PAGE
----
School athletics to start this winter

Football, volleyball, field hockey and other fall sports will be moved to the spring under the Condensed Interscholastic Plan adopted by the Virginia High School League for the 2020-21 school year.

Fall sports are officially on the schedule for the 2020-21 school year. They just won’t be played in the fall this year.

The Virginia High School League’s executive committee voted on July 27 to move forward with delaying the start of all sports and activities until December.

The Condensed Interscholastic Plan, as it is called, will push fall sports into the spring and shorten all athletic seasons. With this model, all sports could potentially have a season of some kind.

“We all understand the physical and mental health benefits of getting our students back to a level of participation,” said VHSL Executive Director John W. Haun. “[This plan] leaves open the opportunity to play all sports in all three seasons if Virginia moves beyond phase III and/or phase III guidelines are revised and high-risk activities are allowed.”

Haun added that the plan also allows schools time to open and “deal with issues such as schedules, academic plans, transportation [and] dealing with possible outbreaks of Covid-19 in the school.”

When sports do begin, winter sports, including basketball and wrestling, will be the first up, beginning their season on Dec. 14 with the first games on Dec. 28. The season will end Feb. 20. Fall sports (football, field hockey, volleyball, golf and cross country) will begin on Feb. 15 and run through May 1, with games beginning on March 1. Spring sports (baseball, tennis soccer, softball, outdoor track) would open their season on April 12, with the first games on April 26 and ending the season on June 26. All sports would play a shortened schedule, allowing only about 60 percent of their regular allotment of games. This means only six regular season football games, 12 games each for basketball and baseball, etc.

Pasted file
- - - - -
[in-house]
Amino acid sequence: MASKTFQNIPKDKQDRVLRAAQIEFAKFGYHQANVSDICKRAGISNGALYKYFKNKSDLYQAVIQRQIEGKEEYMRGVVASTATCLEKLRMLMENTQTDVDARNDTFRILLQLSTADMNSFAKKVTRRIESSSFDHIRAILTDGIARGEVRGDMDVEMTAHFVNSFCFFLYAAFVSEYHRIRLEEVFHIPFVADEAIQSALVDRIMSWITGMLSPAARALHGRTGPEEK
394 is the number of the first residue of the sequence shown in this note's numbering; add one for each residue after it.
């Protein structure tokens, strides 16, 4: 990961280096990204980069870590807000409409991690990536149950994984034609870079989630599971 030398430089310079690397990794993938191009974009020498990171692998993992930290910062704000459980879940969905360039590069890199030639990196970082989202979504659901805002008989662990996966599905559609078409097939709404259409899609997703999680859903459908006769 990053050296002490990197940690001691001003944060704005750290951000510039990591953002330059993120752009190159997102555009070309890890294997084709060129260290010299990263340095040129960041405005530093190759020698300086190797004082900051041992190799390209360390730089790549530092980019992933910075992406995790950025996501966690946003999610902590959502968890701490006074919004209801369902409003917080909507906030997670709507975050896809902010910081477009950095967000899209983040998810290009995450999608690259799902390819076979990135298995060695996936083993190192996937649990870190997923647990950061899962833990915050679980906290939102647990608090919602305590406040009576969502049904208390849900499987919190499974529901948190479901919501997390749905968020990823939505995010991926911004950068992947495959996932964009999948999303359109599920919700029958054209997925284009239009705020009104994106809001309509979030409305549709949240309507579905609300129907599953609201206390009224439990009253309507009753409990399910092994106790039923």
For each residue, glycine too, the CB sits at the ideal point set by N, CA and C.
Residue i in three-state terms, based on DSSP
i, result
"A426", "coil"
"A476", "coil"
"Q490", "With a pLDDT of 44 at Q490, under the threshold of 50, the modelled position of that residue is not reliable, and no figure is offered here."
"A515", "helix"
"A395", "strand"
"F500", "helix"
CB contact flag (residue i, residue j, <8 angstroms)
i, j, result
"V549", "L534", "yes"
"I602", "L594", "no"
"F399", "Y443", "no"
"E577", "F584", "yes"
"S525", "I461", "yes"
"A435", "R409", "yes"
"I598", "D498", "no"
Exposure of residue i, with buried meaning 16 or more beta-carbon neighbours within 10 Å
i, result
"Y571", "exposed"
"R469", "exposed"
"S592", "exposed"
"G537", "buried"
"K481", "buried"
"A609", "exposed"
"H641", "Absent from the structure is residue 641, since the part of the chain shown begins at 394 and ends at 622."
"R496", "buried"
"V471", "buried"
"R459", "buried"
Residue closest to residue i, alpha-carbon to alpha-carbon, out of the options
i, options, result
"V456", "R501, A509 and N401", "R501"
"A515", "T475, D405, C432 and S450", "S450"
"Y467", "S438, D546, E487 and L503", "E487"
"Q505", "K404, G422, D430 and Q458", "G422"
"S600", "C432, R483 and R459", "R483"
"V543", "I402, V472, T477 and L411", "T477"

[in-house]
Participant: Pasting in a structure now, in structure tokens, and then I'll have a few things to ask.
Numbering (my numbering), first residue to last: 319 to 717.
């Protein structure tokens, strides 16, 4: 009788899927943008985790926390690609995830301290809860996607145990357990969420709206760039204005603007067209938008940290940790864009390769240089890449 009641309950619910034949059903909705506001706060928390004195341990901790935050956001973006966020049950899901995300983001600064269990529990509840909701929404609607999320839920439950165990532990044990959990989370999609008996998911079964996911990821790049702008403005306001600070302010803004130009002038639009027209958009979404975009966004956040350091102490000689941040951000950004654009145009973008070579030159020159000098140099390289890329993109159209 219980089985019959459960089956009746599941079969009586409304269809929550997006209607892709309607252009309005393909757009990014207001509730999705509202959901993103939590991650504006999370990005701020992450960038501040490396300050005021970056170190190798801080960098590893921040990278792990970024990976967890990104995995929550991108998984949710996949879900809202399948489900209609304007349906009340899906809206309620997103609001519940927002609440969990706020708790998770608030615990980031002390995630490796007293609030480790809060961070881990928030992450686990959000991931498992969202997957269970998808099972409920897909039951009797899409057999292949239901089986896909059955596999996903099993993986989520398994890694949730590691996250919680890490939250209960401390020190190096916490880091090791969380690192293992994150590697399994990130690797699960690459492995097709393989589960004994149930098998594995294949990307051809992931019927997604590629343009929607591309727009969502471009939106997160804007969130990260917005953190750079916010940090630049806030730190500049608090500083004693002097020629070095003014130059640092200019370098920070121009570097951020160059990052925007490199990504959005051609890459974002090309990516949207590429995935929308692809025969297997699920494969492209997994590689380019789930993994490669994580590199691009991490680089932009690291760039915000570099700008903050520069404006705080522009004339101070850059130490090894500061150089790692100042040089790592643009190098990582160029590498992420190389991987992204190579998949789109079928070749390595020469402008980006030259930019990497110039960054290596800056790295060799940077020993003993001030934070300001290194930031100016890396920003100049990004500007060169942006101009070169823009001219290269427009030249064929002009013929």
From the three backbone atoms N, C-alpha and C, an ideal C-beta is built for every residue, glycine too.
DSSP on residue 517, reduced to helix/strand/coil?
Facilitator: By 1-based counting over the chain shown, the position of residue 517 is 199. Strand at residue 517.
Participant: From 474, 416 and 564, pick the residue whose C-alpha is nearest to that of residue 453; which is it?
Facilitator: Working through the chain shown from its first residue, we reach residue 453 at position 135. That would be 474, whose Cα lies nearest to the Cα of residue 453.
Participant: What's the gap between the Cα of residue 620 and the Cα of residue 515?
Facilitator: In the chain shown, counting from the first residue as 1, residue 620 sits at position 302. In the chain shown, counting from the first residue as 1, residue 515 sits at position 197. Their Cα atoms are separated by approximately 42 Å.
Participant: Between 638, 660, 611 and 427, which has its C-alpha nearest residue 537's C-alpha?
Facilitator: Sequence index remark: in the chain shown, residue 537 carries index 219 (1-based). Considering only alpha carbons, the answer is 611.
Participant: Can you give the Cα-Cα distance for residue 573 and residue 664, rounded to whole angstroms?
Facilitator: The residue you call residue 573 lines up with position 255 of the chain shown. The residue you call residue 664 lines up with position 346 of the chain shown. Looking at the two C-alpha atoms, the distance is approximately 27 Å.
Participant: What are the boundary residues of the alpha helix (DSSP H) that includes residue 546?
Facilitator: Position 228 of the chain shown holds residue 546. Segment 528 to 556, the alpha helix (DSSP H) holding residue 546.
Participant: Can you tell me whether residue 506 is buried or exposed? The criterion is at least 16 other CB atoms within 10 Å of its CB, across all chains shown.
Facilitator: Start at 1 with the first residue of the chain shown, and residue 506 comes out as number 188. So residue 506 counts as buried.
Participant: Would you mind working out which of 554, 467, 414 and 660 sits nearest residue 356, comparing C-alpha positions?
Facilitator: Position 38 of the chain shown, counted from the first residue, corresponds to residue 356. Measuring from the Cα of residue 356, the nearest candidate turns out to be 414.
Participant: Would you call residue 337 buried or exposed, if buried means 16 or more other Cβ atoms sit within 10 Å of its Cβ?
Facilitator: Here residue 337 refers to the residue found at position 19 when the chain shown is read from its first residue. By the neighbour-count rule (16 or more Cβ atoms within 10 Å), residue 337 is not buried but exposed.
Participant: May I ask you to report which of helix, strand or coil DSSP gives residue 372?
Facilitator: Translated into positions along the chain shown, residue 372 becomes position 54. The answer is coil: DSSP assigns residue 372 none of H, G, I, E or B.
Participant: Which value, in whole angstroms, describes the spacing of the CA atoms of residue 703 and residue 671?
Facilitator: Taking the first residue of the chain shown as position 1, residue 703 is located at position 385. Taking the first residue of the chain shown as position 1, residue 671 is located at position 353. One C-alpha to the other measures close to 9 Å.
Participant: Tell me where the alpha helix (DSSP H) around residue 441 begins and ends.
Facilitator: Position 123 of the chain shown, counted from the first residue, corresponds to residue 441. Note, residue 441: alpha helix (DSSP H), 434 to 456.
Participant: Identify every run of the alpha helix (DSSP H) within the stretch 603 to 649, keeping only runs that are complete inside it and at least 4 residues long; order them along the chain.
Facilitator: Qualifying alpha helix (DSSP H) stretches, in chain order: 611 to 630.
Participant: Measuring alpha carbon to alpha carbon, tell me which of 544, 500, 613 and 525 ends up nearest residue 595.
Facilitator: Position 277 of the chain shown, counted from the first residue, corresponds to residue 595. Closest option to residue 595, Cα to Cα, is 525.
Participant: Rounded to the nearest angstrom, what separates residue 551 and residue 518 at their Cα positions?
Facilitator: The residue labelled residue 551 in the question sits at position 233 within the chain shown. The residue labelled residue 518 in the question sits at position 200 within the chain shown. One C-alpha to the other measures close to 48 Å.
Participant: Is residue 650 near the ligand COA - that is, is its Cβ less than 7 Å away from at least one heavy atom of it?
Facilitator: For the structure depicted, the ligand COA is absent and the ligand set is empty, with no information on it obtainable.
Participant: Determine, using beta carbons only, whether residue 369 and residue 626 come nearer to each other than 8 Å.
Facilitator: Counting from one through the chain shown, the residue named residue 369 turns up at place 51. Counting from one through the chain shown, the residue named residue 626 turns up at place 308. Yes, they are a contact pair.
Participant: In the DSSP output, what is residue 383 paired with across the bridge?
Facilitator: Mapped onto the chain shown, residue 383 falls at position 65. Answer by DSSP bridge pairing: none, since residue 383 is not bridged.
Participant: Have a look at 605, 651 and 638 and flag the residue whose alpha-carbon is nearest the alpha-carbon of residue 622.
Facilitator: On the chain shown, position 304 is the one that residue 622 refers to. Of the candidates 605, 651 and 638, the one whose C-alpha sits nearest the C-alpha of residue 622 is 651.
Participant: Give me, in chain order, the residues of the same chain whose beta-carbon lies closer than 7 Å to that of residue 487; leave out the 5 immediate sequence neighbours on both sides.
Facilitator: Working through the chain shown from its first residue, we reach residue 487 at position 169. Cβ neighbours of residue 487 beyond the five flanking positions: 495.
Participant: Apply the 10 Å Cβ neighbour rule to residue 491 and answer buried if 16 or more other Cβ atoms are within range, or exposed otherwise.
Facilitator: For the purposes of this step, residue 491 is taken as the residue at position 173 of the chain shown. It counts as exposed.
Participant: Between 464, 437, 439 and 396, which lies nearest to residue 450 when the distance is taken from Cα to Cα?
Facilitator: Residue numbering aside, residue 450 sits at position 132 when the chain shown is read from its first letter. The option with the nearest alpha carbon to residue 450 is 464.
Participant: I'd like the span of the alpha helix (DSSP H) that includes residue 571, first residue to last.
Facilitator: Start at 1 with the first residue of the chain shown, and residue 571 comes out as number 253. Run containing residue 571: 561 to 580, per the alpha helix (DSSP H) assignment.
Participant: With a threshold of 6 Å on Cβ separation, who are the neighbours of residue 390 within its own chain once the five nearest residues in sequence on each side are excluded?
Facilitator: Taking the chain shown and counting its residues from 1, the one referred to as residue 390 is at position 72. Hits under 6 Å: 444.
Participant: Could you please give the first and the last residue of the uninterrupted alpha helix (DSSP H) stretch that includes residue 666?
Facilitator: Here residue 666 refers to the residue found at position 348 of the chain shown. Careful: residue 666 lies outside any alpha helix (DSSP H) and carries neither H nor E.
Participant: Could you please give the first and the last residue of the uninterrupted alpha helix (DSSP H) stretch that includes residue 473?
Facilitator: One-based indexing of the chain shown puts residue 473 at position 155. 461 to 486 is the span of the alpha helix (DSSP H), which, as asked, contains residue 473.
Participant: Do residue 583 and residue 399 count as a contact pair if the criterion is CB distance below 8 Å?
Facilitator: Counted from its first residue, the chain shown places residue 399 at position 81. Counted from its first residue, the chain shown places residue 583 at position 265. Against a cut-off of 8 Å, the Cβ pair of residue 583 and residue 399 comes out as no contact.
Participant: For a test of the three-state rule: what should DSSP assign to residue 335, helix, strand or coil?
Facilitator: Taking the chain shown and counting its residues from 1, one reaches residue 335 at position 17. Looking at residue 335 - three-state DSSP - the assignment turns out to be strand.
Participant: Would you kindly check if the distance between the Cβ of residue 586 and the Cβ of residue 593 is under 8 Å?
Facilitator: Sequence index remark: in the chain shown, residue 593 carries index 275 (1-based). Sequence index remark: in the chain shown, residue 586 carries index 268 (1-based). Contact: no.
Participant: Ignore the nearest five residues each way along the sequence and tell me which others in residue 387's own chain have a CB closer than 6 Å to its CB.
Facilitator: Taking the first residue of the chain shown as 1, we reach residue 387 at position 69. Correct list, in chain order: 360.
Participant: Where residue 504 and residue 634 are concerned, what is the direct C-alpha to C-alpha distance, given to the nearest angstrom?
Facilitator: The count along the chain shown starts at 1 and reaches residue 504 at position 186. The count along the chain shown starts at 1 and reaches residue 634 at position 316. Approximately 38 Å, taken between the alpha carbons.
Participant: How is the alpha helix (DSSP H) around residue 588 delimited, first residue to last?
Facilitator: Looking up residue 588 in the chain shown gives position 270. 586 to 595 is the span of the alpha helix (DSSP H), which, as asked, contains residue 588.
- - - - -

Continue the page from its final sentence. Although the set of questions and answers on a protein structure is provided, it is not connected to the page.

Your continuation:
Academic activities such as scholastic bowl, forensics and debate will be largely unaffected by the schedule changes, as most of their competitions happen throughout the school year and championships in the spring. The one exception is theater, which holds tournament competitions in the fall. 

“There is no 100 percent correct way to handle this situation, as we are making decisions as best we can while dealing with an unknown adversary,” said Louisa County High School athletic director George Stanley. “Do we all want activities/sports to happen, yes. Do we all want to make sure that our kids and coaches are safe, yes. It is time to roll back our sleeves and figure out how to make it happen and I am ready to get started.”

Even with the possibility of playing a condensed schedule, fall sports coaches are glad to know that there is a season for them to plan for.

“I’m excited about it,” said Louisa County High School field hockey coach Meredith Williamson. “I was afraid that we weren’t going to have a season at all ... I know it’s not what people were looking forward to, but I think it’s the best decision moving forward.”

Teams will still be allowed to practice and hold workouts as long as they are following the proper guidelines and safety procedures. 

“We’re going to take advantage of the extra time and make sure we’re ready for our season when it comes,” said Louisa volleyball coach Rachel Green.

There are still a lot of details to work out, including whether or not the shortened seasons will include a state tournament and what that will look like if they do, and schedules for the seasons still need to be made up. The VHSL executive committee will meet again on Aug. 24 to discuss those details and further finalize plans for all three sports seasons.

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